I will be the one paying the tuition.

At first blush, this is totally doable.  The timing is great, because I have four large craft shows coming up, and along with holiday web site sales, they will more than cover the cost.  But then the tuition bill comes around again in the spring, and there is only one show on the books for the spring, and that will in NO way cover the cost.

So for the past few nights, I've lain in bed rethinking how to run my business.  How to manage cash flow.  Where my customers are currently coming from, and where to gain new customers.  How many classes I can afford to take.  How many beads I can afford to buy.

Fortunately, I contracted with a web development company to make me a new web site (which I'm told will launch next week after we test the credit card processing unit), and this includes a new logo, so I'm primed for rebranding.  Included in the package was a ton of different sized logos, letterhead, postcards, and internet ads, along with a healthy course on SEO.  

I've also been pushing myself creatively with my Cup of Bead Soup project, and I've decided that while I'm not ditching my tried-and-true style, slowly adding in my new style might garner new customers.  Actually, this is already happening, as six pieces have already sold when I've posted them on Pretty Things and on Facebook.  I don't think my new designs are that off-base from what I normally make, so I'm hoping they'll blend nicely.

necklace I made with ceramic by Spirited Earth
I may also have to apply to more craft shows.  This year was my "Artist's Year Off" because I drastically reduced the number of shows I participated in.  I don't know if I have that luxury anymore.  On the other hand, I don't know if my health issues will allow me to take on more shows, particularly if they're outdoors.  So I'm researching galleries, online venues, and wholesale opportunities.

The other thing that will change will be the crunch on my time.  The new school expects a certain amount of volunteer time, attendance of functions, serving on committees -- much more than what I'm used to.  I volunteered at the public school and I also volunteer at the humane society, but this is an entirely new level and type of volunteering.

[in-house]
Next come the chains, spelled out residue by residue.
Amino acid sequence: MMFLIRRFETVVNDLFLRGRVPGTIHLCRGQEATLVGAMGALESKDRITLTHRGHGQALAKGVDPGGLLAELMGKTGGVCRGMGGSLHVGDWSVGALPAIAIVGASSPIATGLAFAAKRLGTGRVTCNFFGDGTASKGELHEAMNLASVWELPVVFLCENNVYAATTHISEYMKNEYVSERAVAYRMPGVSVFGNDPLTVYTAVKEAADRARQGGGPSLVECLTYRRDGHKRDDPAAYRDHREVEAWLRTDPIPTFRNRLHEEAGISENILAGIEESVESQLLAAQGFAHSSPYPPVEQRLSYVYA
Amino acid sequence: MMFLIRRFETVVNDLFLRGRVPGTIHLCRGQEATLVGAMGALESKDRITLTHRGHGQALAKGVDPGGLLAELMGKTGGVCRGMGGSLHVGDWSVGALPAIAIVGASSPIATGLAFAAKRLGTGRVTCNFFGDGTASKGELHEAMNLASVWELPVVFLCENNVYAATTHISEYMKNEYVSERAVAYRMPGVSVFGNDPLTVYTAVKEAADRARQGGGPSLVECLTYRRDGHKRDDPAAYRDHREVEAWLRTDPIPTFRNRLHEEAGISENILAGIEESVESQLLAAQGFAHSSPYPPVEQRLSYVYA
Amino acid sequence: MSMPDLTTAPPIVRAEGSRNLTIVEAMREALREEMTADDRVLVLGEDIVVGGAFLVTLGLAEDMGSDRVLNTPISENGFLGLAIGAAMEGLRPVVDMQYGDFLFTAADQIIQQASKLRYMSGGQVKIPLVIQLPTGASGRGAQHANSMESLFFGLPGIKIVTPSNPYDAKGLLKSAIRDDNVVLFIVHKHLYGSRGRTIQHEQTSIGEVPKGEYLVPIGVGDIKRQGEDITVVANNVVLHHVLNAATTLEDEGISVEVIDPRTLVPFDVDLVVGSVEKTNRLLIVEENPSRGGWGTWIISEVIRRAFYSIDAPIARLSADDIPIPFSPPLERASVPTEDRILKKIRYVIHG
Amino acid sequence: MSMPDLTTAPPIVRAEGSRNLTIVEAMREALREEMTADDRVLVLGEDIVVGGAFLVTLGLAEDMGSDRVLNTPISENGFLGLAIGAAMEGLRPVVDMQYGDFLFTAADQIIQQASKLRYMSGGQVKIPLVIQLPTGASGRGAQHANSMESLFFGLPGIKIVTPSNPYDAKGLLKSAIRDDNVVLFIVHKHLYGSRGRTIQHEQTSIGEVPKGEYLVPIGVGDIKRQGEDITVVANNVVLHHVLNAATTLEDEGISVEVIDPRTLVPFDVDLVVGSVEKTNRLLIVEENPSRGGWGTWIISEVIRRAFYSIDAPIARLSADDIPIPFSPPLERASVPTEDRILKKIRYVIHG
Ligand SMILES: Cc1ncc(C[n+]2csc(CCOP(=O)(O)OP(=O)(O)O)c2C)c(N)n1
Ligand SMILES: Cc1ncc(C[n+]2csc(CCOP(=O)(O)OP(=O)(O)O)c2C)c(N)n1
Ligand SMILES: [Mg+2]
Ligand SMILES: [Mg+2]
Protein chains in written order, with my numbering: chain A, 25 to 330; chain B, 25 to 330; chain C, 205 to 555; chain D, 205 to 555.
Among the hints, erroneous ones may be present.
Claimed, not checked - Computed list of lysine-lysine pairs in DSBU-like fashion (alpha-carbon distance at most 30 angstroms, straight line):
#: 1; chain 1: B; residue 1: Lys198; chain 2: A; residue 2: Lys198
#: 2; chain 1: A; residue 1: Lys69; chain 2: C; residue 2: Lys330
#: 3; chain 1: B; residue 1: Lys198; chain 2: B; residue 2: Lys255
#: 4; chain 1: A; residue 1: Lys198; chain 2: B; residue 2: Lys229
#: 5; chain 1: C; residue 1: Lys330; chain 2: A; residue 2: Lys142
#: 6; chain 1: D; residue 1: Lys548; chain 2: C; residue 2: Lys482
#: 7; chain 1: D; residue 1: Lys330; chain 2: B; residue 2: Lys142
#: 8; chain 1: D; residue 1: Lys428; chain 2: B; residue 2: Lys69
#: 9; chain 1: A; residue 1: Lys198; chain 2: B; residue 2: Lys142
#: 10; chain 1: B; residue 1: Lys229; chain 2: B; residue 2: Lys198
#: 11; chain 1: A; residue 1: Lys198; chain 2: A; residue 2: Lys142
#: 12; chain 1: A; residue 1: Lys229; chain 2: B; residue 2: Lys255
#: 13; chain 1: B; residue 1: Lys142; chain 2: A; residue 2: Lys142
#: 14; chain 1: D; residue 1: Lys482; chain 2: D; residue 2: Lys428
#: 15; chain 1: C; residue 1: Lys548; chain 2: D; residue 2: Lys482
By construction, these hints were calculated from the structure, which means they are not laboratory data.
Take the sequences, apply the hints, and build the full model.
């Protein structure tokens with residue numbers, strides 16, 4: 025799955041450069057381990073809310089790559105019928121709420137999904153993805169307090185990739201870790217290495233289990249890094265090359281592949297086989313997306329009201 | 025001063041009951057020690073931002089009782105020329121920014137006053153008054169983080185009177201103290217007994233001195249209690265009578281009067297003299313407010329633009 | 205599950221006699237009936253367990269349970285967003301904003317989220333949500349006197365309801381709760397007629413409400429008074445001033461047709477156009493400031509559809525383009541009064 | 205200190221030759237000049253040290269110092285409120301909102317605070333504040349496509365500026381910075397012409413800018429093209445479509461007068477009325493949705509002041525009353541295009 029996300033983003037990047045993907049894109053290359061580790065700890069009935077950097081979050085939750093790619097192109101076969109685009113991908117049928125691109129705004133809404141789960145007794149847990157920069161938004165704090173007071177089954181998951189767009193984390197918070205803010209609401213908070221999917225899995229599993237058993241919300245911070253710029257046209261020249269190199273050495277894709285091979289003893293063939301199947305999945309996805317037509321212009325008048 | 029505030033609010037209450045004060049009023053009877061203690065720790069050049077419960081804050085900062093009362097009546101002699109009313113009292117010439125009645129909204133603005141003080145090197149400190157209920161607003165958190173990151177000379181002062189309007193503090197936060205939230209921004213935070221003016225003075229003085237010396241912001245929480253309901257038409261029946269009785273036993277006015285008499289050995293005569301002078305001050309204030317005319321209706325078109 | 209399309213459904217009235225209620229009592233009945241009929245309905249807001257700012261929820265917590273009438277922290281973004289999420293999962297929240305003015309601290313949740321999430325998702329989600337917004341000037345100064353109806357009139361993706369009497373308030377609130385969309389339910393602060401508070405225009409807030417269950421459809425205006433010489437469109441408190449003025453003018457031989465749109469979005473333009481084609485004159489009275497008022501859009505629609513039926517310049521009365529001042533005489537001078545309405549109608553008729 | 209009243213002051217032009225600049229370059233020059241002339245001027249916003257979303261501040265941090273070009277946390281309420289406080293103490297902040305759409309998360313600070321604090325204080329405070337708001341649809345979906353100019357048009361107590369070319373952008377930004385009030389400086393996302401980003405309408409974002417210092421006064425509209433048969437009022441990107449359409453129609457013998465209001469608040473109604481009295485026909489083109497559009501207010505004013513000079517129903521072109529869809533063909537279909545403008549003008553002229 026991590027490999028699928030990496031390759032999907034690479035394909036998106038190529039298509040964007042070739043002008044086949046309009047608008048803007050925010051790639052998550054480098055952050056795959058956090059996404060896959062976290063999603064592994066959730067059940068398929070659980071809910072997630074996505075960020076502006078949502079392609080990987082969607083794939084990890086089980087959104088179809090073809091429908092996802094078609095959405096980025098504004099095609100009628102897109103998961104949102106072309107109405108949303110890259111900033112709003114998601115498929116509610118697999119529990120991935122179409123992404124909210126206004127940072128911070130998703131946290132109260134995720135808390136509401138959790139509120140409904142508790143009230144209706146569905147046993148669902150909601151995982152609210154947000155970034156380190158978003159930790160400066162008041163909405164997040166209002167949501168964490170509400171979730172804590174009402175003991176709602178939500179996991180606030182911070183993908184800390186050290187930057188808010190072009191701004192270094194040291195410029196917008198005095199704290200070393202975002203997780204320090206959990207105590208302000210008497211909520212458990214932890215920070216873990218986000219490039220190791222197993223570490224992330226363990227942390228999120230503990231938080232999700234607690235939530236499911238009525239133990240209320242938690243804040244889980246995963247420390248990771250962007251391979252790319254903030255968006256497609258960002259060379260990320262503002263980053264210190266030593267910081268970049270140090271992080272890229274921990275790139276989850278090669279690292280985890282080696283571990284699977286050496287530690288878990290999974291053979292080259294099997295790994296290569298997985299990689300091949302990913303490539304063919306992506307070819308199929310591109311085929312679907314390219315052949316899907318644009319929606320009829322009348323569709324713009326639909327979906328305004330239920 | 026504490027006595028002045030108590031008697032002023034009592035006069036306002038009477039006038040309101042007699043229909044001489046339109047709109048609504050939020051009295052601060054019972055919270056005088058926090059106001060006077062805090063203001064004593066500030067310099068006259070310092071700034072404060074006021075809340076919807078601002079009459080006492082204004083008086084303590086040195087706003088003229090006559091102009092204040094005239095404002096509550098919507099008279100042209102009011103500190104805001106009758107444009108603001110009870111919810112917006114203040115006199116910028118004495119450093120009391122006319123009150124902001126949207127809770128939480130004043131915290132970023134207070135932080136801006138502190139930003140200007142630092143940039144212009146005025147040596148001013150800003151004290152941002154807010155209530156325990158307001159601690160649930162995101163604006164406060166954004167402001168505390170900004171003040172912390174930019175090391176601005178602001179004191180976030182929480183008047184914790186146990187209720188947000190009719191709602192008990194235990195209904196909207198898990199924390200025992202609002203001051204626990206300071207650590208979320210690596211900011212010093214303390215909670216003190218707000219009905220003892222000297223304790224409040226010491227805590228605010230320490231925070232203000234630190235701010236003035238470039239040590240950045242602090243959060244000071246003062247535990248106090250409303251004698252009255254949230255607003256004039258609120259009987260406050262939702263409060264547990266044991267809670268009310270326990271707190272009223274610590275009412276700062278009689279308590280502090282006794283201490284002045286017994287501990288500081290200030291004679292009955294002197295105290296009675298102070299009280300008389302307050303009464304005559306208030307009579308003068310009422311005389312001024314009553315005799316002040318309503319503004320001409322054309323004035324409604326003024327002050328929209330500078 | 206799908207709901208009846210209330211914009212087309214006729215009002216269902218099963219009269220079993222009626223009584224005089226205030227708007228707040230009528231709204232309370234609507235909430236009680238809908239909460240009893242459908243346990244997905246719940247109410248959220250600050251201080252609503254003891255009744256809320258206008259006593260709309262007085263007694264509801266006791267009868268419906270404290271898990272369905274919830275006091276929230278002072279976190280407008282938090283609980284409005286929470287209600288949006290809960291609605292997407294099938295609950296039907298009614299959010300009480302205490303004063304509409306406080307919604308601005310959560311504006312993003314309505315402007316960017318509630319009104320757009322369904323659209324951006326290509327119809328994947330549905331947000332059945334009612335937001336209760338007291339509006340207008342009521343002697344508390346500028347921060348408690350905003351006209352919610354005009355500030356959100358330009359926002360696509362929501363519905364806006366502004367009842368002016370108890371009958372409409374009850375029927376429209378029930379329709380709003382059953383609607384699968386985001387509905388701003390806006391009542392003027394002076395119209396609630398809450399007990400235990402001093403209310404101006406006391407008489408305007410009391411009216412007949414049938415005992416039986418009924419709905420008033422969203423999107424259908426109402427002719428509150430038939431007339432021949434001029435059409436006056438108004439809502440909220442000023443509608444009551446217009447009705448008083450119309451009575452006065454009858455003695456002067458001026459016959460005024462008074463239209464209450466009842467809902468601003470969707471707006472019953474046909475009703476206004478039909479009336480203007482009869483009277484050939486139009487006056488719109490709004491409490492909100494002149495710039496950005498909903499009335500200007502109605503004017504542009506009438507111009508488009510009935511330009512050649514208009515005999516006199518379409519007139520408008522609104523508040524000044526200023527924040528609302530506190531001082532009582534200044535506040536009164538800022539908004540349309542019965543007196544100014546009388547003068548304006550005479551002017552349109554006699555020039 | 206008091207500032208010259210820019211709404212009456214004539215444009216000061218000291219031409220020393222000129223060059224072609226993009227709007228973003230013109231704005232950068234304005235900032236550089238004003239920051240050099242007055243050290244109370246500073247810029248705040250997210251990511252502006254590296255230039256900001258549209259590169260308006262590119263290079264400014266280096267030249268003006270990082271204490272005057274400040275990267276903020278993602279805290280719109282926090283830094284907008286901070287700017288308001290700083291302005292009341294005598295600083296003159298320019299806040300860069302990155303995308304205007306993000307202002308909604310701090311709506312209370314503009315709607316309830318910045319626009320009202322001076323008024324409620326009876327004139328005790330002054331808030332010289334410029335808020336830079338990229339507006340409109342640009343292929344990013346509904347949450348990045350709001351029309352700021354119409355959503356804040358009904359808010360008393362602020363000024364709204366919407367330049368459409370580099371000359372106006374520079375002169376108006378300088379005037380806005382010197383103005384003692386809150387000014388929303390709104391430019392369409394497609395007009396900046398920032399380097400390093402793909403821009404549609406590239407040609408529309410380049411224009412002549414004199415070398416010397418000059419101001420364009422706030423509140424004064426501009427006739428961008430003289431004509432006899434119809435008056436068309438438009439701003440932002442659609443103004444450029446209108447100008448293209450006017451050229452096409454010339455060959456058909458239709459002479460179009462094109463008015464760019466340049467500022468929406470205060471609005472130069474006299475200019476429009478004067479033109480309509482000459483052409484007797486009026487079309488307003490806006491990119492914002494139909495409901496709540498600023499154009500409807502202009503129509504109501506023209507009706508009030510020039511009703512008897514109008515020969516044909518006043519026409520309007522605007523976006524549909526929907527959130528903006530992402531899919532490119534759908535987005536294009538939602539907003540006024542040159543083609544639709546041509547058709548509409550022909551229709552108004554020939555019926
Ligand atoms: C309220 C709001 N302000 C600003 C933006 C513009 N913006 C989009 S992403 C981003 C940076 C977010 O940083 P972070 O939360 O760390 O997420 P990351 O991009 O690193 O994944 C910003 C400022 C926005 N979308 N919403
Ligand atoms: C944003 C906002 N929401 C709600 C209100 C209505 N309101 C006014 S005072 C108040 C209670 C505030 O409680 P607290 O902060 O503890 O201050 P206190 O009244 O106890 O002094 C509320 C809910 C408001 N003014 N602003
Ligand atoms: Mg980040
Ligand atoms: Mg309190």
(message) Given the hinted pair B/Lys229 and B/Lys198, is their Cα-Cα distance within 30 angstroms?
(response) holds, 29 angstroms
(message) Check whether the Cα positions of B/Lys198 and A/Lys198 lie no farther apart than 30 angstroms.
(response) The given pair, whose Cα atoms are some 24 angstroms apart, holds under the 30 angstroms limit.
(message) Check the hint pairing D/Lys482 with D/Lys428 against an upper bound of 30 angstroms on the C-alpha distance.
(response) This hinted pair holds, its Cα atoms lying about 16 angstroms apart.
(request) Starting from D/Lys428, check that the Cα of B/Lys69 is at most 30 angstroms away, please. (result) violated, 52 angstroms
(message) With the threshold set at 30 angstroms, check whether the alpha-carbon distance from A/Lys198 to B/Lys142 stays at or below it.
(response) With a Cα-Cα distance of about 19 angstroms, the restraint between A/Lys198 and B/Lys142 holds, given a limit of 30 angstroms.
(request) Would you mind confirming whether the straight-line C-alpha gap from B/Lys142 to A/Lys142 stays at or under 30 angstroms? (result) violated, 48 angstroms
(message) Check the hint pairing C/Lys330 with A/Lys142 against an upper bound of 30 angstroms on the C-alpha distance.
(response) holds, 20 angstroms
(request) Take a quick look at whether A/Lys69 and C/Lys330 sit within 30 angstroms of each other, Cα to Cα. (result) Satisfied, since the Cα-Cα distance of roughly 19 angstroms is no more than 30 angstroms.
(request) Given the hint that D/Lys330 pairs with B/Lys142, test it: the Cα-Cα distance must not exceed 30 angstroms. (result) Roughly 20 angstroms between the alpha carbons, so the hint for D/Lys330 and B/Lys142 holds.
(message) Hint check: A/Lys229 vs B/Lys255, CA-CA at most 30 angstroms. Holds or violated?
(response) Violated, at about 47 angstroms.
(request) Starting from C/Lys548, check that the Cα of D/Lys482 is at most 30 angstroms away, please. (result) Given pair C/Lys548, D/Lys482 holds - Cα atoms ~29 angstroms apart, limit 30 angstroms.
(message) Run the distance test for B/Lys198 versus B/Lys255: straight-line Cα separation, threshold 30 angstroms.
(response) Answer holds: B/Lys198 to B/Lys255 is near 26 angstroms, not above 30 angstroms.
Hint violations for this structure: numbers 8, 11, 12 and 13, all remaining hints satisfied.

This means I'll have less time at the torch, less time to make jewelry, less time to upload jewelry to my web site, and less time to do paperwork.  It's a Catch-22 -- a vicious circle because in order to pay for the school, I have to make the jewelry.

bracelet in my normal style made with my own lampwork beads
Ultimately, though, it's about my son.  I entered this business when my son was nearly a year old, getting hooked on beading when I was still pregnant with him.  I knew that this business would be what would eventually pay for his college, so I guess I'm just starting early.

I have a business plan, but it's going to have to change.  My advertising plan, for instance, will TOTALLY change.  My budget will also change.  But my main goals will stay the same -- make pretty things that last while being a hands on mom.

Zack at six months.  Photo by Jen Fariello

If you've lasted this long, I'd love to know if you've faced this sort of dilemma, and how you've made changes in your life to accommodate your craft.  How did you handle the added hours, or the change to your schedule?  Did it change how you looked at what you do?

Thanks, treasured readers, for listening.

Lori Anderson creates jewelry for Lori Anderson Designs and also writes the blog Pretty Things.  She's also a contributor to Art Bead Scene.

Wednesday, September 8, 2010

I Spy With My Bead-y Eye

I have a new post up on Art Bead Scene about finding inspiration in patterns around us.

Click here to read it!

Sunday, September 5, 2010

Wire Work is Hard Work

Something I've discovered about the wire work that I've admired -- man is it ever hard work.

Not only that, but it takes a ton of time. Which brings me to the question of how much do I pay myself and how much do I charge for my jewelry?

Wire work seems to look the best after it's been put in liver of sulfur to turn it black, then buffed so it shows depth.  I've discovered a sincere hatred for steel wool, as it shreds and sticks in the wire and makes a hella mess.  Thankfully, I've discovered a substitute.  When I took a class with Tracy Stanley at BeadFest, she introduced me to Pro Polishing Pads and I've never looked back.  That's saved me some time, but it still takes extra effort that my stringing doesn't require.

Over the summer I've been experimenting a little bit -- and I say a little bit because as I said, this stuff takes time and will end up costing more than my normal work.  The challenge for me will be educating my customers as to why.  Hopefully, they'll be able to just look at it and see -- hold the piece and fall in love.  I haven't strayed from my love of lampwork, so the jewelry isn't too far off track, and I think that's key to adding in new work.

I'm not sure why I'm worried, because I also make chain maille jewelry, and it's priced a bit more than my lampwork jewelry, and yet it sells.  I suppose I should remember that there is indeed a person out there for each piece of jewelry.

Will I keep making wire jewelry?  Yes.  But I'll pace myself.  I haven't had a show since March, and my new web site hasn't launched yet, so I don't know how these pieces will be received.  I know *I* like them -- but will they?  And if they like them, will they want to pay a little more for them?

Either way, I've tried something new, and that's all that matters in the grand scheme of things.

Lori Anderson creates jewelry for Lori Anderson Designs and also writes the blog Pretty Things.  She's also a contributor to Art Bead Scene.